These dynamics are evident at FBi Buildings where Terry’s recruitment efforts are boosted by his company’s commitment to a positive culture. “Hiring the kind of employees who can be developed into great team members,” he says, starts at the anticipatory phase when “potential recruits say to themselves, ‘That would be a good place to work.’”

Terry makes recruitment visits to colleges and universities throughout the Midwest. His message is simple but effective: “We want to hire good people and hang onto them. So we make a promise. We’re not just offering you a job, but a career. Our goal is to empower you. That commitment starts at the top and goes across the organization. It says a lot when I take along an employee who’s an alumnus of that college and he tells potential recruits about our culture.”

Phase 2: Encounter
New hires likewise encounter FBi Buildings’ commitment to empowering employees when they attend orientation. This summer the company is opening a 1,600 square-foot training center and launching a new way to help newcomers learn the ropes.

“When people feel good about their jobs, they do better—and that starts when they come on board,” explains Terry. “Builders traditionally train new employees by sending them out with existing crews. But put yourself in the new person’s shoes. The crew is already performing well and so you feel like a fifth wheel. It’s intimidating.”

Instead, new employees at FBi Buildings will first be spending time in the training center, working on actual buildings in a controlled and supervised environment. “It’s going to build their confidence,” Terry believes, “so that, when they do start going out with a real crew, they’ll feel good about themselves and do a better job.”

One impetus for the new approach is something Terry learned from exit interviews with departing employees. “Most new hires who last beyond the first few weeks end up staying with us long-term,” he reports. “Thus, most of our turnover happens within those early weeks. And while our turnover rate is below industry averages, we found that about 15 percent of the people who left us felt we hadn’t given them enough training.”

Too often, orientation of new employees emphasizes what Kucinski calls only the first two levels of training. At the first and most basic level, training programs impart information about company policies and procedures. Then at the second level, job skills are taught. “And that’s where many training programs stop,” he cautions. “Since skills are actionable and results are measurable then, as they say, ‘What gets measured gets done.’”

But Kucinski advises that the third level of training is just as important. “It’s what I call the ‘adhesion’ level where new behaviors are grafted on to employees,” he relates. “Leadership development is an obvious example of training that inculcates new behaviors. But with all your workforce—from orientation onward—you want people who are engaged. Employees who have a sense of purpose and feel a part of something bigger than themselves are integral to your sustainability and profitability.”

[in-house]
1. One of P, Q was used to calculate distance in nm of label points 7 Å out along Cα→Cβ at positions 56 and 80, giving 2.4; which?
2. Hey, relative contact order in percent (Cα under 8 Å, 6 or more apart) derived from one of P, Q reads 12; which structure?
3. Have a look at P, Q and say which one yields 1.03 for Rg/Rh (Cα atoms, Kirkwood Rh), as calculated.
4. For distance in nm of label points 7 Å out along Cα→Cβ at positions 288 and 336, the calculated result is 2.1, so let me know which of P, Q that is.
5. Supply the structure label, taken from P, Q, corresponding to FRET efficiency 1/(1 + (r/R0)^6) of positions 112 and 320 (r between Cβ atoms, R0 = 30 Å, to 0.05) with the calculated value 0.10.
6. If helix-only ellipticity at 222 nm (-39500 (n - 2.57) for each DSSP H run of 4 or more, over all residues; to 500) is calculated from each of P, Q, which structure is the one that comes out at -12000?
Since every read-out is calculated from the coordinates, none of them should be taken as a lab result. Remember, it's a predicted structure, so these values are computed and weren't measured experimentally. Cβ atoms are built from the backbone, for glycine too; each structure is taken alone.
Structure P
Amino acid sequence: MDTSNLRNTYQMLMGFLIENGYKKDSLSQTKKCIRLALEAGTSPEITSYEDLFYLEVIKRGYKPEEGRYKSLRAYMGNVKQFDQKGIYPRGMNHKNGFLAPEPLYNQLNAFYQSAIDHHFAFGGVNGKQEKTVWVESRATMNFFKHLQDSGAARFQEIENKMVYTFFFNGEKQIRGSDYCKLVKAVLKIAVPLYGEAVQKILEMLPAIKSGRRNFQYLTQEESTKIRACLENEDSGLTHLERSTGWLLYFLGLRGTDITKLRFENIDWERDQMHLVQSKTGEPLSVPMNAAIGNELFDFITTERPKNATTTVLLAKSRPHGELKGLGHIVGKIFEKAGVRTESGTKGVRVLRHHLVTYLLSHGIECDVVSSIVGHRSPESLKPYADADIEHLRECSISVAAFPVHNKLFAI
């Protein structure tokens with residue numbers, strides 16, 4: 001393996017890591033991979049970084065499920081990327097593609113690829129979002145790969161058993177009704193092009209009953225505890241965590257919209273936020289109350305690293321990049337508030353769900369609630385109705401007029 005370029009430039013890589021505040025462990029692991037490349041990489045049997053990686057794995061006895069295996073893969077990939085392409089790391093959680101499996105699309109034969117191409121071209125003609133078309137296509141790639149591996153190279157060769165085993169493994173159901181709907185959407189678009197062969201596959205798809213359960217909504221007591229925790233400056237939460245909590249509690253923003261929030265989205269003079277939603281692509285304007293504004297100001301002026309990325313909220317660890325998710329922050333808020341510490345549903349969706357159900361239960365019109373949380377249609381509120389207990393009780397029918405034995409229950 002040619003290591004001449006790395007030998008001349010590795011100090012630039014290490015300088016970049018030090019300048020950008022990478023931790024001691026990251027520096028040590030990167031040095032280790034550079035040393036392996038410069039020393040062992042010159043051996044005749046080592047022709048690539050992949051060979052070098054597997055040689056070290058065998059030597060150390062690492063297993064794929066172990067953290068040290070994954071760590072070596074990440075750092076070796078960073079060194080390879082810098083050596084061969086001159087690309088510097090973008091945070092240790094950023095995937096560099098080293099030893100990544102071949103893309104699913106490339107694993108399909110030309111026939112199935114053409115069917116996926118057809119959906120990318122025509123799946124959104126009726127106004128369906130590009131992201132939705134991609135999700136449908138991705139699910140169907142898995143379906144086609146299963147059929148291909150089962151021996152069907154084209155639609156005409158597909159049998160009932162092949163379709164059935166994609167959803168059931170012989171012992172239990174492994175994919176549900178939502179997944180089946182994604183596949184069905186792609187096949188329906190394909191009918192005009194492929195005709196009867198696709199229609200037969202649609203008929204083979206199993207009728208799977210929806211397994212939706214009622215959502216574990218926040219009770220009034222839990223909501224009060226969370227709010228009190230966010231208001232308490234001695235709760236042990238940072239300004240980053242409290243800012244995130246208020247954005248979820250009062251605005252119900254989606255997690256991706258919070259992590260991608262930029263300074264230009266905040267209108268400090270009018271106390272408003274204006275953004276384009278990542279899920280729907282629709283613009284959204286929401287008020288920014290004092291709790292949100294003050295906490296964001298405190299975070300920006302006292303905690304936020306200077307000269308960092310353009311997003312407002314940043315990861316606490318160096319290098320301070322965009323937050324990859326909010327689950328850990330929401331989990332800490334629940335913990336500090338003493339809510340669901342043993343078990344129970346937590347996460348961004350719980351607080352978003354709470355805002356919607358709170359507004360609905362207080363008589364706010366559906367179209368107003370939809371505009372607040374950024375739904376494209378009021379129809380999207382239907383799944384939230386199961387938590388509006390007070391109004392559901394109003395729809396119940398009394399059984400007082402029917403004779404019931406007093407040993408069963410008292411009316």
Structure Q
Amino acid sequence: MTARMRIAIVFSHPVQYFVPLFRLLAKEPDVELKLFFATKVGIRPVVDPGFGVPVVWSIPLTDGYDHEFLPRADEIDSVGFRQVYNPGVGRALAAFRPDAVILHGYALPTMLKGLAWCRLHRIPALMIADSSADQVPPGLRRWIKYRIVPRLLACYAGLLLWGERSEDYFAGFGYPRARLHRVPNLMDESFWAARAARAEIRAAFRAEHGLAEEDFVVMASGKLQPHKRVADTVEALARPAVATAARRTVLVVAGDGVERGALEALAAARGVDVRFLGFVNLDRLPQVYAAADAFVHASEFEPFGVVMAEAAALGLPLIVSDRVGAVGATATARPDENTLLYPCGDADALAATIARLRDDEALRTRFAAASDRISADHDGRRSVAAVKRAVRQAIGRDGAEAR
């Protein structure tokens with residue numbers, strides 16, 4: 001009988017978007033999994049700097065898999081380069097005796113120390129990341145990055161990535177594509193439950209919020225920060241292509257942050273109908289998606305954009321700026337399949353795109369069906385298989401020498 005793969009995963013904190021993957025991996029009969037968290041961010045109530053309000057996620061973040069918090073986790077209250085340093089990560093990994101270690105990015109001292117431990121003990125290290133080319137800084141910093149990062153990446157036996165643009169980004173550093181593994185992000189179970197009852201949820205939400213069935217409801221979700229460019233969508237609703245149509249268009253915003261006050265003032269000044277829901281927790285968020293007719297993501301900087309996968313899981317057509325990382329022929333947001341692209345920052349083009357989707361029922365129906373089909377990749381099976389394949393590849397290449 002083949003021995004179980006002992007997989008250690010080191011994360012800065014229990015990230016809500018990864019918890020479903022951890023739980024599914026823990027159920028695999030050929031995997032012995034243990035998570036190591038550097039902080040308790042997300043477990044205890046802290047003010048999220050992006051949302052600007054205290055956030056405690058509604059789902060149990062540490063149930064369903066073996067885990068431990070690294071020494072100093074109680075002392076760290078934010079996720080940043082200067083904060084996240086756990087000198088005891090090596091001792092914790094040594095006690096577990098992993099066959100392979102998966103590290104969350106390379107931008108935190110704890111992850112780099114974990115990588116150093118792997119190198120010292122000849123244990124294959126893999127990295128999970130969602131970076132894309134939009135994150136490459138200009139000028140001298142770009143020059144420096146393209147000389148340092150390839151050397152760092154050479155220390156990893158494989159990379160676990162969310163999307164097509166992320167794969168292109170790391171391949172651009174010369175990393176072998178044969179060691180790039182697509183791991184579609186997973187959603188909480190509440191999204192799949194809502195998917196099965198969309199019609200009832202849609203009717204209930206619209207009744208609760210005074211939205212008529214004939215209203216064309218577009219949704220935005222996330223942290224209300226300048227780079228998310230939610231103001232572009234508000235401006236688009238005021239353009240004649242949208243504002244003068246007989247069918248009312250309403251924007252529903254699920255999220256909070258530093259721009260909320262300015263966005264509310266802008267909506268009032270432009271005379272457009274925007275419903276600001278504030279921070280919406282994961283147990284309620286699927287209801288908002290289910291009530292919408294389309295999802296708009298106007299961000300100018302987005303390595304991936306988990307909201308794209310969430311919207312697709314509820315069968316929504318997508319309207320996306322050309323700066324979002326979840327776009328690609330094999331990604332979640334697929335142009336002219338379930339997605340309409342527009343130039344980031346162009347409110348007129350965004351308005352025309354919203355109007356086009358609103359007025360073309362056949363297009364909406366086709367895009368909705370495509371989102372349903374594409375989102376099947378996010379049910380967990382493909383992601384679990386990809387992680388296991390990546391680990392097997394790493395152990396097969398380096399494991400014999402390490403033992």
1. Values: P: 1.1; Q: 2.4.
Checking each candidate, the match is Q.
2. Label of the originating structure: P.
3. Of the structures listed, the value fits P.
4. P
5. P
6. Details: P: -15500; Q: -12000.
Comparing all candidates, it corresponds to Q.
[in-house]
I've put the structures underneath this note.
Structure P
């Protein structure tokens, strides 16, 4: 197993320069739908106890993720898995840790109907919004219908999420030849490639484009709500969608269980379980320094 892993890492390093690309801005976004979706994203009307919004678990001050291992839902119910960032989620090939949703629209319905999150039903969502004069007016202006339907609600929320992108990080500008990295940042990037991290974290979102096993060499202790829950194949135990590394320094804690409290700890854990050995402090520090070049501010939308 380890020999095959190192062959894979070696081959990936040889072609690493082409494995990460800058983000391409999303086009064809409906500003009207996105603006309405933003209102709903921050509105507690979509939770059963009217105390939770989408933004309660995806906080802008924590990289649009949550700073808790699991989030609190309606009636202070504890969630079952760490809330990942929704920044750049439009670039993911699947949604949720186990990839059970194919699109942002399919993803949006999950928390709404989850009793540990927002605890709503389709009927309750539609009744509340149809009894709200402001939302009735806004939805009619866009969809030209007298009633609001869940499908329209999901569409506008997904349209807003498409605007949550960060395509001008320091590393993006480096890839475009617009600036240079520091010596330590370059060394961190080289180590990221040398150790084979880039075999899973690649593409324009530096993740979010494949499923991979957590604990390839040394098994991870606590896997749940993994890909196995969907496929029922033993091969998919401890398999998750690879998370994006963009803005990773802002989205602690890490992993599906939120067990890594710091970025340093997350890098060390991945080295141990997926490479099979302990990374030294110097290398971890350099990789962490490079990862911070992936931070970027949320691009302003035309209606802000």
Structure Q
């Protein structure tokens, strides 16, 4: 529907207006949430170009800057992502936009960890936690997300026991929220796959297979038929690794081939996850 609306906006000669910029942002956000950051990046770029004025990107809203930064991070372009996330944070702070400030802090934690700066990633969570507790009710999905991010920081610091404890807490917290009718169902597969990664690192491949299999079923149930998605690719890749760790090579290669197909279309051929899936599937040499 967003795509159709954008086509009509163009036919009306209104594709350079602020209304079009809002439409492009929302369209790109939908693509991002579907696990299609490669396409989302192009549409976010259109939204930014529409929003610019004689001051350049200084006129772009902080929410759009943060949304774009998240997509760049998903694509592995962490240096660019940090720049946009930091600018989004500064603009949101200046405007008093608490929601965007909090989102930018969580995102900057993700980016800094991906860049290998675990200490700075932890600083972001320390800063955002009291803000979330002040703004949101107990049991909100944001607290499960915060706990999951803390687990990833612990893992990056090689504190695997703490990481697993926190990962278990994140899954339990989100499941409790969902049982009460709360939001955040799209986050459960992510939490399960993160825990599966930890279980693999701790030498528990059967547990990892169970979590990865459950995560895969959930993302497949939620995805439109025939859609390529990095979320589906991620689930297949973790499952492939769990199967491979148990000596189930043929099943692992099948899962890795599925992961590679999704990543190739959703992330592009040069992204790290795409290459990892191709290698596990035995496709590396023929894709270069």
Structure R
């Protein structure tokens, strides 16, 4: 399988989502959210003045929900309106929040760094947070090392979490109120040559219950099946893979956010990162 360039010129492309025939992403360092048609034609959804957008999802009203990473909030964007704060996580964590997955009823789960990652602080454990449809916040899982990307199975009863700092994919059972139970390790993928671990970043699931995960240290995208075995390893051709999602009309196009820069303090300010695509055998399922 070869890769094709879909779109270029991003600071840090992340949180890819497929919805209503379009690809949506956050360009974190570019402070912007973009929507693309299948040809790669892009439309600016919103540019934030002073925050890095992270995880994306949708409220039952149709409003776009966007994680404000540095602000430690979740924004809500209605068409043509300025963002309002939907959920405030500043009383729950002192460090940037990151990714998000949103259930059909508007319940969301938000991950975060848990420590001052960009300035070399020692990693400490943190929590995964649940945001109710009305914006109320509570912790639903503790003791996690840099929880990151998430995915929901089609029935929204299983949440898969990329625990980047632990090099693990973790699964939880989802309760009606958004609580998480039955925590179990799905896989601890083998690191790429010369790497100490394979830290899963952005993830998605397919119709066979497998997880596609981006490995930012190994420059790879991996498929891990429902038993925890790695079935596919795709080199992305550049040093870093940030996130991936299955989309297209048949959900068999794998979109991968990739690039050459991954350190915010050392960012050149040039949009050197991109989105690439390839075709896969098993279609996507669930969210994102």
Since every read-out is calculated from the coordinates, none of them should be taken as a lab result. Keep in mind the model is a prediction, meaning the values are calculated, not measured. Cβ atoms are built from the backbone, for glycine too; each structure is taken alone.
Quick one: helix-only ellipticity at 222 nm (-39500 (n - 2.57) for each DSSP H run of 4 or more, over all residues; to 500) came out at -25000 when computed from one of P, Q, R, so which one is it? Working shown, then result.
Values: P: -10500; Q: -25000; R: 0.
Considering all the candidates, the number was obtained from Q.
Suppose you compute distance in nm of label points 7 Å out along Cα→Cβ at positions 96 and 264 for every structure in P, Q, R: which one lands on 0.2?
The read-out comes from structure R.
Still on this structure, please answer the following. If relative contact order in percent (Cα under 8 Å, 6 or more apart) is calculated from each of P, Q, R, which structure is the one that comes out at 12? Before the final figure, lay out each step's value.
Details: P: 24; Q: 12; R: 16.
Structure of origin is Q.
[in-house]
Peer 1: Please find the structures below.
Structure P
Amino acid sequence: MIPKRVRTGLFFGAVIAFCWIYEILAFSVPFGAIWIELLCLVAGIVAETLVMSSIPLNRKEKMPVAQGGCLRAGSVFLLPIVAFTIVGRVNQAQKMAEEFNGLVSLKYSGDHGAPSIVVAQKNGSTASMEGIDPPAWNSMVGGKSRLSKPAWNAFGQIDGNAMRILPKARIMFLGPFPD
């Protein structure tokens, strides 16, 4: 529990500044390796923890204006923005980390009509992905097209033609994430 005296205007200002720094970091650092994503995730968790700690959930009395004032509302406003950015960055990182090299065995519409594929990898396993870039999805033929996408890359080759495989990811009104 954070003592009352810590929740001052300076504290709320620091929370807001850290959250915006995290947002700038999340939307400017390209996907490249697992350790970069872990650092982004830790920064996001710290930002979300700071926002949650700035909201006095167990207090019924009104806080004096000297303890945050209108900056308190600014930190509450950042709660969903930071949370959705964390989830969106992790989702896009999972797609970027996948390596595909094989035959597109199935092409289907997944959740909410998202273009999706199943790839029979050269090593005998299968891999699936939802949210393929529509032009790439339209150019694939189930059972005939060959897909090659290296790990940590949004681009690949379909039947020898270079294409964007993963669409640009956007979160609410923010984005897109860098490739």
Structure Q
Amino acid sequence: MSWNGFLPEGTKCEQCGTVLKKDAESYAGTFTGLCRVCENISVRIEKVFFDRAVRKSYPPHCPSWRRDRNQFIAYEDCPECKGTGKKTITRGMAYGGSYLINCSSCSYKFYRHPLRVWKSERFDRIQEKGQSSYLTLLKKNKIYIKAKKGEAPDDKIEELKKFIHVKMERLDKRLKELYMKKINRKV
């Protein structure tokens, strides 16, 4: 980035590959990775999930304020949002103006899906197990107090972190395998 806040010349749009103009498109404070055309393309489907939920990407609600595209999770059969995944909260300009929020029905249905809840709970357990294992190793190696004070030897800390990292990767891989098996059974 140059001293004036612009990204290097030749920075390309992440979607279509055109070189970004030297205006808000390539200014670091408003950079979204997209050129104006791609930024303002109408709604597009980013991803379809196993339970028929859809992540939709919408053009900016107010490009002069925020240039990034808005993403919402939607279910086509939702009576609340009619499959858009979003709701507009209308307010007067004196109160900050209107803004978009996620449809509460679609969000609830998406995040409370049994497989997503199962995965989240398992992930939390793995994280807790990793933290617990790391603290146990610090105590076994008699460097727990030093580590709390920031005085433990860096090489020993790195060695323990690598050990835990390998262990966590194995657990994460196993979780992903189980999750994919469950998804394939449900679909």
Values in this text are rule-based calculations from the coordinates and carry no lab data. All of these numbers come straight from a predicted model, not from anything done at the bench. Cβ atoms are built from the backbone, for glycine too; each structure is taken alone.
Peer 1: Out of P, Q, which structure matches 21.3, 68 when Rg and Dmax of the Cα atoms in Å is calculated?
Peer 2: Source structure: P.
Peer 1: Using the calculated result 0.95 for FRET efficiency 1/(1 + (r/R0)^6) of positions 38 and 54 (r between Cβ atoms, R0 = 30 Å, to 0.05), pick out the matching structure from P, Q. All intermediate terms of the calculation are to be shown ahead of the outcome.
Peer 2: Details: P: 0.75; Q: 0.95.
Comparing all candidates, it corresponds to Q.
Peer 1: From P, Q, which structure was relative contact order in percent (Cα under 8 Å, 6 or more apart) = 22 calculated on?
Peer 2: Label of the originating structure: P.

Thus, Terry and Kucinski agree that managers involved in the training of both new and experienced employees must think on two levels: What is the best way to impart information? And what is the best way to change behaviors so that employees reach the “metamorphosis” phase to become fully functioning and valued members of the team?

Phase 3: Metamorphosis
Corporate trainers the world over debate the best methods for teaching and employee learning. Kucinski believes the answer to that question begins with the employee rather than the trainer. “Each employee is different in personality and learning style,” he counsels. Employers might consider having employees take a self-assessment questionnaire such as the well-known Myers-Briggs Type Indicator. “You can increase the effectiveness of your training,” he adds, “if you know what motivates a person—achievement, advancement, recognition, responsibility?”

Terry concurs that an effective trainer “is a good listener who learns about each employee and his or her learning style, and then fits the training to that style—whether it’s using a lecture with PowerPoint, or a hands-on exercise, or time with a computer simulator.”
Nevertheless, Terry believes that trainers can be guided by certain universals. “Spend time on the ‘why’ question,” he advises. “If employees understand why a given policy or procedure is expected, then the rest will follow.”

Further, while critiques from supervisors and peers are valuable, allowing employees to critique themselves is a uniquely powerful training tool. FBi Buildings installs video cameras not only at its training center but also on job sites—not to spy on crew members, but so they review their own performance. “I call it Operation Game Film,” says Terry. “Like a football coach, I put together ‘game films’ for our trainees and crews to watch and learn from.”